verb (used without object), rode or (Archaic) rid; rid·den or (Archaic) rid; rid·ing.
verb (used with object), rode or (Archaic) rid; rid·den or (Archaic) rid; rid·ing.
- to sustain (a gale, storm, etc.) without damage, as while riding at anchor.
- to sustain or endure successfully.
- ride down,
- ride for a fall,
- ride hellbent for leather,
- ride herd on,
- ride high
- to trample or overturn by riding upon or against.
- to ride up to; overtake; capture: The posse rode down the escaping bank robber.
- Nautical.to bear down upon (a rope of a tackle) with all one's weight.
- to murder, especially by abducting the victim for that purpose.
- to deceive; trick: It was obvious to everyone but me that I was being taken for a ride.
Origin of ride
Examples from the Web for ride
I told them it was back where I parked my car, so they offered me a ride.The 7-Year-Old Plane Crash Survivor’s Brutal Journey Through the Woods|James Higdon|January 7, 2015|DAILY BEAST
I mean, the reality of it was, I had to go out and get on a horse, and ride in, shoot the gun — how hard was that, right?The Story Behind Lee Marvin’s Liberty Valance Smile|Robert Ward|January 3, 2015|DAILY BEAST
“They just walk around, they ride in their patrol cars, and they just pass by,” he said.
That ride or die act we have been fooling the world with obviously ain't working.The Chris Brown vs. Drake Feud Continues: Brown Claims Ex GF Karrueche Tran Cheated with Drizzy|Marlow Stern|December 7, 2014|DAILY BEAST
She says she worked at Café Figaro, a Los Angeles restaurant co-owned by Cosby, and one day he offered to give her a ride home.Bill Cosby’s Long List of Accusers (So Far): 18 Alleged Sexual Assault Victims Between 1965-2004|Marlow Stern|November 24, 2014|DAILY BEAST
There's two hundred on our side, but the Yankees'll ride through in the dark and get across before the redcoats are awake.True to the Old Flag|G. A. Henty
During our first ten miles' ride I was racking my brain for something to say when I should jump up to make my first sale.Twenty Years of Hus'ling|J. P. Johnston
"Ride into the town and see if there is a letter for me," said the squire.
Take Maksi out for a ride and let the lacquey go with him instead of his tutor!The Poor Plutocrats|Maurus Jkai
And so ride on till thou comest to me; then I will see after the matter.The story of Burnt Njal|Anonymous
verb rides, riding, rode or ridden
- (intr)to drive a car
- (tr)to transport (goods, farm produce, etc) by motor vehicle or cart
- to cheat, swindle, or deceive
- to take (someone) away in a car and murder him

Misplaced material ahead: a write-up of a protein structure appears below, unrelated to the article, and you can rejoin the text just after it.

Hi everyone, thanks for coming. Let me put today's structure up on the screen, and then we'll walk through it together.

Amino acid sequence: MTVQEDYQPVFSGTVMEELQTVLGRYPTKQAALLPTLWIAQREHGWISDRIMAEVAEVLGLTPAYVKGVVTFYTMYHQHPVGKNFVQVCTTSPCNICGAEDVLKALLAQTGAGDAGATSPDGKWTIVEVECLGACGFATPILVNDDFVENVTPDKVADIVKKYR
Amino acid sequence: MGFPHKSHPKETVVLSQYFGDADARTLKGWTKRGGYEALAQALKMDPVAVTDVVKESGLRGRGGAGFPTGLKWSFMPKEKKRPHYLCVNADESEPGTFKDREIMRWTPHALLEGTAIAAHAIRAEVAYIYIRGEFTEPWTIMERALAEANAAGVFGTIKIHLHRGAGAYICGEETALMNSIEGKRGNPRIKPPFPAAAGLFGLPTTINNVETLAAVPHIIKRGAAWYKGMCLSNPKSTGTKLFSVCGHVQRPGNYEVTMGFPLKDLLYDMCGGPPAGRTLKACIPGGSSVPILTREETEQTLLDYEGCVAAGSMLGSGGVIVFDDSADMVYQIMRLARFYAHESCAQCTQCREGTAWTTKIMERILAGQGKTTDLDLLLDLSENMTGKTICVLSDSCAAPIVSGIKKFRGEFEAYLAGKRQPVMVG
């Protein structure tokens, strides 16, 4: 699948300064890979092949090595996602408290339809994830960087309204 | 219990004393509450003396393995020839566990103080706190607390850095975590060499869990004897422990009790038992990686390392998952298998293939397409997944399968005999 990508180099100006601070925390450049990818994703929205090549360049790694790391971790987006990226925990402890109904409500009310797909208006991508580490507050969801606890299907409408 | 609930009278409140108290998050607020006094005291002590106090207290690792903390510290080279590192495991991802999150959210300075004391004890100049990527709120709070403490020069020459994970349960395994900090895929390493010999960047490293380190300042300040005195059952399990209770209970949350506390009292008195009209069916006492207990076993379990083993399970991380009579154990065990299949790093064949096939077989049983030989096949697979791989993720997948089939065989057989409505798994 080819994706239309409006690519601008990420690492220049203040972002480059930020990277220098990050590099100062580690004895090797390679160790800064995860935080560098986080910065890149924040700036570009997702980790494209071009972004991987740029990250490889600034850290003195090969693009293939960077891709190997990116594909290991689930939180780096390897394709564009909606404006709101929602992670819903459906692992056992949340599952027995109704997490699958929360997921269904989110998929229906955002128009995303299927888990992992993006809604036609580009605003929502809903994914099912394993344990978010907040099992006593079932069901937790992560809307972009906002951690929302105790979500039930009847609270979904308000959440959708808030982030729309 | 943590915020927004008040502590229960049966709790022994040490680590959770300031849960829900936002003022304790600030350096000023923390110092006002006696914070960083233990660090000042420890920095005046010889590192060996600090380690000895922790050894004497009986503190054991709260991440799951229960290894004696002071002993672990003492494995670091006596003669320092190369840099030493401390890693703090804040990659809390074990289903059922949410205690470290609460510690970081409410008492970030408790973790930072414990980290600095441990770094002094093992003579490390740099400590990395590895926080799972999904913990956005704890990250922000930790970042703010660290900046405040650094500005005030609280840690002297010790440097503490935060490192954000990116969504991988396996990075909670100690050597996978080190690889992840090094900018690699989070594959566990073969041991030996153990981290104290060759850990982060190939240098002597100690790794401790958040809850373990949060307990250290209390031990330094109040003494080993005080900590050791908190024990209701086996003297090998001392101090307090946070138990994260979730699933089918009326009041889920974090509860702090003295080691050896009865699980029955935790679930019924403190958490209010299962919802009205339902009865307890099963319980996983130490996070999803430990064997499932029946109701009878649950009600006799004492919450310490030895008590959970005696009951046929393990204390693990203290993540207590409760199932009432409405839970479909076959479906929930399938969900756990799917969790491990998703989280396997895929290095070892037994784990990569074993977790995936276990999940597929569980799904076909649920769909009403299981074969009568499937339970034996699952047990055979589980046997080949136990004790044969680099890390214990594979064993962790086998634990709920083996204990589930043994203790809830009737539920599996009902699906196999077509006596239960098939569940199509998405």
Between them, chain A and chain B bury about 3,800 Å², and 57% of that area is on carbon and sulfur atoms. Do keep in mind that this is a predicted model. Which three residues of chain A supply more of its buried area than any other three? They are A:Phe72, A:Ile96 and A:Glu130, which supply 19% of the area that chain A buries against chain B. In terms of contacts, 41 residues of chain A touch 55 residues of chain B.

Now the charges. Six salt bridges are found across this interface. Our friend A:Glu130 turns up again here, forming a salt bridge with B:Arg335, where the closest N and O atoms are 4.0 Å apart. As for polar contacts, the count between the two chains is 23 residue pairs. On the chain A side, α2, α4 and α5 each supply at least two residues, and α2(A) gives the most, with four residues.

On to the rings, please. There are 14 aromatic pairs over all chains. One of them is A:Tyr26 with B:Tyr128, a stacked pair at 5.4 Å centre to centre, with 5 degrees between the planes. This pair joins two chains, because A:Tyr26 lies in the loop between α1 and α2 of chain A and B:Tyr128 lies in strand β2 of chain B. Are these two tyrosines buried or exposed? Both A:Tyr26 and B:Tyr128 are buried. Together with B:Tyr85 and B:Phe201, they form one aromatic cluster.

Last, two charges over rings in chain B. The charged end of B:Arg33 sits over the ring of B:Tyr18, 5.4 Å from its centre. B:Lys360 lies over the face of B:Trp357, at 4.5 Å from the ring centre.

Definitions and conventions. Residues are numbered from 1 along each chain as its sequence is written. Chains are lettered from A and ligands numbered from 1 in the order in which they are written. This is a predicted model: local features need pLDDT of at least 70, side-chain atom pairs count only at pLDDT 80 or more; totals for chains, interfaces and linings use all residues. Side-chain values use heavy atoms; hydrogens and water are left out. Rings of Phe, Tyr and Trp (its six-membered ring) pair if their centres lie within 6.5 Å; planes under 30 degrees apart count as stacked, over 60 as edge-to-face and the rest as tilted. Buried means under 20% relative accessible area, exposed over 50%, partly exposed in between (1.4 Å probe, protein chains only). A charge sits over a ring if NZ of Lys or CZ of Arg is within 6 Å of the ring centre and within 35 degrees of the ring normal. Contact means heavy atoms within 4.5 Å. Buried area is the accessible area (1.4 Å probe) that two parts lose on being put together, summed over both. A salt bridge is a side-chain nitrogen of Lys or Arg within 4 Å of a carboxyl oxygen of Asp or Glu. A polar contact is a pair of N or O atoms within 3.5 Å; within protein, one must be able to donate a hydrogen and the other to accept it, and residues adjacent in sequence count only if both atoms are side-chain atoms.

Word Origin for ride
Old English ridan "sit or be carried on" (as on horseback), "move forward; rock; float, sail" (class I strong verb; past tense rad, past participle riden), from Proto-Germanic *ridanan (cf. Old Norse riða, Old Saxon ridan, Old Frisian rida "to ride," Middle Dutch riden, Dutch rijden, Old High Germn ritan, German reiten), from PIE *reidh- "to ride" (cf. Old Irish riadaim "I travel," Old Gaulish reda "chariot").
Meaning "heckle" is from 1912; that of "have sex with (a woman)" is from mid-13c.; that of "dominate cruelly" is from 1580s. To ride out "endure (a storm, etc.) without great damage" is from 1520s. To ride shotgun is 1963, from Old West stagecoach custom in the movies. To ride shank's mare "walk" is from 1846 (see shank (n.)).
1759, "journey on the back of a horse or in a vehicle," from ride (v.); slang meaning "a motor vehicle" is recorded from 1930; sense of "amusement park device" is from 1934. Meaning "act of sexual intercourse" is from 1937. To take (someone) for a ride "tease, mislead, cheat," is first attested 1925, American English, possibly from underworld sense of "take on a car trip with intent to kill" (1927). Phrase go along for the ride in the figurative sense "join in passively" is from 1956. A ride cymbal (1956) is used by jazz drummers for keeping up continuous rhythm, as opposed to a crash cymbal (ride as "rhythm" in jazz slang is recorded from 1936).
In addition to the idioms beginning with ride
- ride for a fall
- ride hellbent for leather
- ride herd on
- ride high
- ride out
- ride roughshod over
- ride shotgun
- ride up
- along for the ride
- go along (for the ride)
- gravy train, ride the
- hitch a ride
- let ride
- take someone for a ride